In form, the Caipirinha is pretty much a Brazilian Daiquiri. It’s made from sugar, lime, and cachaça. Cachaça could be considered a cousin to rum, but it is altogether unique. While most rum is made from molasses, cachaça is made from fresh sugarcane juice.

Unlike rum, which can be made anywhere, cachaça can only be made in Brazil. Though it’s often sold unaged, it is usually matured in woods that are native to Brazil, like peanut and balm. As with wine, beer, and whiskey, different kinds of wood affect the product inside differently.

The classifications of cachaça aren’t based on the type of cask in which it’s aged. It can get a bit confusing: Spirit that is not stored in wood or is kept in stainless steel vats before it’s bottled is often called branca (white). But cachaça aged in wood that doesn’t color the liquor may also be labeled as branca. This category goes under several other names, including prata (silver) and clássica (classic).

Cachaça that’s stored or aged in wood is usually labeled as amarela (yellow), in reference to its color. These may also be labeled as ouro (gold). Envelhecida (aged) cachaça, a subtype of amarela, is a bit more involved: it’s considered aged if more than 50 percent of the content of the bottle has been aged for at least a year in a barrel that’s 700 liters or smaller.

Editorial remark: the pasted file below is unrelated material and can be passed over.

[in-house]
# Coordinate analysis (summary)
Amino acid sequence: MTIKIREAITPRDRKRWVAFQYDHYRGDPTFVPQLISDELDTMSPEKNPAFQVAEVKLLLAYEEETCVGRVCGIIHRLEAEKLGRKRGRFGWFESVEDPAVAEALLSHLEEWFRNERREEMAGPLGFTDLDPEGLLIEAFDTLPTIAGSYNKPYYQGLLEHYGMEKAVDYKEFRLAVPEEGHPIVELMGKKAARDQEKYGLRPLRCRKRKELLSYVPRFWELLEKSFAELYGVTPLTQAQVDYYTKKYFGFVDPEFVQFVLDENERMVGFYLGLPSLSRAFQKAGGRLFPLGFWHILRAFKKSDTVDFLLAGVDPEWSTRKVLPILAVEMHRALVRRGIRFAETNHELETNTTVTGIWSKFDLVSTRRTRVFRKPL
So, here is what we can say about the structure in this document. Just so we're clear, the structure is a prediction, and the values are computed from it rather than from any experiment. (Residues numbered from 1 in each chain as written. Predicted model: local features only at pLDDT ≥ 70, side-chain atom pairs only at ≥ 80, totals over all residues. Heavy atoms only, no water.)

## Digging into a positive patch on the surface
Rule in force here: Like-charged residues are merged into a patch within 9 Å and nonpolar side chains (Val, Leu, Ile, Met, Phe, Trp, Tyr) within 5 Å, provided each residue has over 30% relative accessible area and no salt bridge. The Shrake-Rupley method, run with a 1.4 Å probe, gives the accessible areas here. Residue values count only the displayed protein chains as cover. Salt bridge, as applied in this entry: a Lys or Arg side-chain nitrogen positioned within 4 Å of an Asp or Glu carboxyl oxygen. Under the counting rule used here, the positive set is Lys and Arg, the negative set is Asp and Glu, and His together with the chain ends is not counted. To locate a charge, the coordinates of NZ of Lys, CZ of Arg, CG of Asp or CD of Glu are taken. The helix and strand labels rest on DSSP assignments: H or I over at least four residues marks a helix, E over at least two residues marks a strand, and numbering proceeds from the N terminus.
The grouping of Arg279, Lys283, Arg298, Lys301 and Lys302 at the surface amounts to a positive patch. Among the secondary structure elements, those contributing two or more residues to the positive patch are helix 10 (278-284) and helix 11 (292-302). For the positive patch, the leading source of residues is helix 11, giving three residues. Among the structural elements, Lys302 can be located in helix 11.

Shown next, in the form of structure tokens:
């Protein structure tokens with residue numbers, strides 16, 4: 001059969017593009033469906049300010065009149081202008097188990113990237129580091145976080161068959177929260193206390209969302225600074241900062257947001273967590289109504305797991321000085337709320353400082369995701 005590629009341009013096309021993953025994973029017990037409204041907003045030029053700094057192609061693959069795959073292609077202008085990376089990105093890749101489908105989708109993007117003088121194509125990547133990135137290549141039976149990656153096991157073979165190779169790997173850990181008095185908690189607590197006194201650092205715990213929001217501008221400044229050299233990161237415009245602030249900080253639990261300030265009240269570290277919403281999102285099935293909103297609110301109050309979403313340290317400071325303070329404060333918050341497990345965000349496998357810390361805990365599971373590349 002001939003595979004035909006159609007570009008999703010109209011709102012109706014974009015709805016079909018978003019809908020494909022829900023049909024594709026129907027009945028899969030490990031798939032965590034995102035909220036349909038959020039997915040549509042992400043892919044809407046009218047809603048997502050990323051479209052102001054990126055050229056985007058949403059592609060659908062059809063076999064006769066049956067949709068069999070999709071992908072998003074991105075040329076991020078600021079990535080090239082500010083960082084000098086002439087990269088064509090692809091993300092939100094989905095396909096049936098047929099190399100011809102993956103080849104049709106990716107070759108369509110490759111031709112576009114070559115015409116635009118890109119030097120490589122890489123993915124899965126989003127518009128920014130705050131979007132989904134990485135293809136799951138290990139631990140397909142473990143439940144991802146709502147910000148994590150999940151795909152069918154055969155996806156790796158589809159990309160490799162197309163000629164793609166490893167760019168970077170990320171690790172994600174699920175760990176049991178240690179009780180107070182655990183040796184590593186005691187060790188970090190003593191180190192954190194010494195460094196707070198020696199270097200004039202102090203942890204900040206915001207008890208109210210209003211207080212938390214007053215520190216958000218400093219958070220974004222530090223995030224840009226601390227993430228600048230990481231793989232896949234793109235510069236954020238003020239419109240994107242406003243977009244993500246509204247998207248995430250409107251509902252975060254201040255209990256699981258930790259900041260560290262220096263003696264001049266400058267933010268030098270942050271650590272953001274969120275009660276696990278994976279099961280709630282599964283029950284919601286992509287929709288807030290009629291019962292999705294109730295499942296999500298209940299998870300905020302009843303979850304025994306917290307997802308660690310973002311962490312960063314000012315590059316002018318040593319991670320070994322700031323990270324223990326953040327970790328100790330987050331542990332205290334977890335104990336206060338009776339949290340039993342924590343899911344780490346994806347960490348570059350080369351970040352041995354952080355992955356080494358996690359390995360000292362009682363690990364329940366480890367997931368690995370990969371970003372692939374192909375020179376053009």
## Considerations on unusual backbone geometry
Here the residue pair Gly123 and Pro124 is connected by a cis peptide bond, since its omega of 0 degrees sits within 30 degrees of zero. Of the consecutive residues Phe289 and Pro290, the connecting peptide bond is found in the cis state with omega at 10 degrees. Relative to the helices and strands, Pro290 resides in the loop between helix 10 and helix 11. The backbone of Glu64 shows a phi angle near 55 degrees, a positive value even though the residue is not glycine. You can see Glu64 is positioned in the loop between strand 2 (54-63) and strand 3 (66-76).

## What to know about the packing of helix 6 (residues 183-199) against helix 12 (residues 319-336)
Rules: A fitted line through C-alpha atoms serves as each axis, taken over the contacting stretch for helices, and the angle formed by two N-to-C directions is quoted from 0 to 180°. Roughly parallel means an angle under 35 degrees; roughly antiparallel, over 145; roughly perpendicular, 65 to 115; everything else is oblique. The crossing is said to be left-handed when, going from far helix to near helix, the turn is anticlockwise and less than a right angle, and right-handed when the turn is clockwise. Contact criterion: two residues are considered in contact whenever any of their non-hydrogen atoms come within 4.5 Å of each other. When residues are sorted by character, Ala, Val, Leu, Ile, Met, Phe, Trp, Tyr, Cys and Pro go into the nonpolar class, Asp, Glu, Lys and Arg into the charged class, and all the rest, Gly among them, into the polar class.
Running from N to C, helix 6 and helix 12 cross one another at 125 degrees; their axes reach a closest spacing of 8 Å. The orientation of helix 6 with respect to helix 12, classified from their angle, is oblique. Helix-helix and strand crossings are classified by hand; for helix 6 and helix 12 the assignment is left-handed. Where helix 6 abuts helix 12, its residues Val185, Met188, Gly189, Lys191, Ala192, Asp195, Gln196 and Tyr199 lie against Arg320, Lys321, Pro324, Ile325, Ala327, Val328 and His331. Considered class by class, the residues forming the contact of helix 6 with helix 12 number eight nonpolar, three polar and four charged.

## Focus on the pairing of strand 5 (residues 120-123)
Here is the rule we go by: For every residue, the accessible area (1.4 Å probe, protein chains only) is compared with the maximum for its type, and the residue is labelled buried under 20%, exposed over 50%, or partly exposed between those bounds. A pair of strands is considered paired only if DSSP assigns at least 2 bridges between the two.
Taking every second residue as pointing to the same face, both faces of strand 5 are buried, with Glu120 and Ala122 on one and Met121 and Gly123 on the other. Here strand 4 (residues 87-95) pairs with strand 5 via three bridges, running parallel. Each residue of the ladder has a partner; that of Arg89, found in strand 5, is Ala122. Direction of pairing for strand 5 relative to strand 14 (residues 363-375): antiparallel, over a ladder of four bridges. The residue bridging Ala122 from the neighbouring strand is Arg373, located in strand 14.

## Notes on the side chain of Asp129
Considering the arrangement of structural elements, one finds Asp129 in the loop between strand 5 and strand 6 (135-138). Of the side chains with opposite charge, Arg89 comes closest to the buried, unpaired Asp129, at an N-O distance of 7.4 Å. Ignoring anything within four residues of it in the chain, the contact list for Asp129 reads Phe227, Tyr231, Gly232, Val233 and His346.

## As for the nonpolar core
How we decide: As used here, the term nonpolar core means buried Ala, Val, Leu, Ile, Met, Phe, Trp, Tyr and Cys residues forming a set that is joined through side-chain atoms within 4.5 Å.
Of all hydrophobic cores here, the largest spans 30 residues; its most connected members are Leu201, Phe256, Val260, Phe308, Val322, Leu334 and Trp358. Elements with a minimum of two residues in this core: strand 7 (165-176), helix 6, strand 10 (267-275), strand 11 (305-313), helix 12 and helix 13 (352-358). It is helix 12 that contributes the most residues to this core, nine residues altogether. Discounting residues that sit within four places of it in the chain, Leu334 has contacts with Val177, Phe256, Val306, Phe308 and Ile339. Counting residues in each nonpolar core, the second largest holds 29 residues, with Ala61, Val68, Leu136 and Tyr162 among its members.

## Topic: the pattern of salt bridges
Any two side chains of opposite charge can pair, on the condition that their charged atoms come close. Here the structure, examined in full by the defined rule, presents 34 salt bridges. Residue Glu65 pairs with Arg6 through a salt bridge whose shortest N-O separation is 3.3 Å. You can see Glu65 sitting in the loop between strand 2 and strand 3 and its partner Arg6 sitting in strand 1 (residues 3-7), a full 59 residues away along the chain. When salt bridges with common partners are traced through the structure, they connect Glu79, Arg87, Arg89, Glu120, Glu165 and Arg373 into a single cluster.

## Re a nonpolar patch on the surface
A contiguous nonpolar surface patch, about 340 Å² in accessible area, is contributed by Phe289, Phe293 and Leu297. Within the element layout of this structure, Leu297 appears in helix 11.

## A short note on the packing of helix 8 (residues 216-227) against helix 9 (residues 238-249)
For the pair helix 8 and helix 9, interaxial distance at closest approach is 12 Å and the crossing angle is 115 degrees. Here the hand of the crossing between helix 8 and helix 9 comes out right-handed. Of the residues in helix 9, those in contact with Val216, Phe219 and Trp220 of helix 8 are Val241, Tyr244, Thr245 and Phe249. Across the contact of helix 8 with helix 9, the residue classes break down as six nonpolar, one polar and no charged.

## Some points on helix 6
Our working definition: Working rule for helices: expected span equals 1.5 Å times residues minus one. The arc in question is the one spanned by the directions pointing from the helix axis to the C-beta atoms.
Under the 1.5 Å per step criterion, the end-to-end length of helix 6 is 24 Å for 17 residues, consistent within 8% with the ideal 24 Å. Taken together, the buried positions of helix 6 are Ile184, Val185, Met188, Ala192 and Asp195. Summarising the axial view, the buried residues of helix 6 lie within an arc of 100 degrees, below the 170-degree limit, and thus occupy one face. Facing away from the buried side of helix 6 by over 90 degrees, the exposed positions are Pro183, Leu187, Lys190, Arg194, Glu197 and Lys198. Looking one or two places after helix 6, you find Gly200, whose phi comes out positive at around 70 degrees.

Cachaça is the “third most produced distilled drink in the world,” according to Alcohol In Latin America: A Social and Cultural History. Though more than 5000 brands existed in 2008, it was relatively ignored outside of Brazil until the recent resurgence of craft cocktails. In fact, until 2013, it had to be labeled “Brazilian rum” to be imported into the U.S. As a result, it’s often mistaken by many people for being a type of rum.

Unfortunately, we don’t really know anything definite about the origins of the Caipirinha. Like the Mojito and the Old Fashioned, the formula was perhaps first used in folk medicine. Carlos Lima, the executive director of IBRAC (the Brazilian Institute of Cachaça) told Casa e Jardim that a mix of lime, garlic, and honey with a pour of cachaça was probably used in São Paulo around 1918 as a remedy for the Spanish Flu.

As the story goes, someone eventually decided to skip the garlic and honey. Then, to balance the acidity of the lime, sugar was added. Over time, the drink spread into bars, ice entered the equation, and it became the Caipirinha we know today.


Like the Mojito, the classic Caipirinha recipe is quite simple, but it’s also been the subject of many, many variations. We’ve included the International Bartenders Association (IBA) recipe as well as a modern take on the drink.

Modified from the IBA website.

2 ounces Cachaça
1/2 of a lime
1 tablespoon sugar

Muddle lime and sugar in an Old Fashioned glass. Fill with ice and pour cachaça over it. Stir and enjoy.

Prata B. (Puerto Rico Asta Ah Brazil)
Recipe by Luis Ramos, bar manager of Bourbon and Branch in San Francisco.

1 3/4 ounces Avua Prata Cachaça
3/4 ounce lime juice
3/4 ounce pineapple gomme syrup
1/2 ounce Pedro Ximenez sherry
1/4 ounce Punt e Mes
Grated nutmeg, lime zest, lime wheel for garnish

Combine all ingredients in a Collins glass. Add crushed ice and stir until glass frosts. Top glass with grated nutmeg, lime zest, and lime wheel.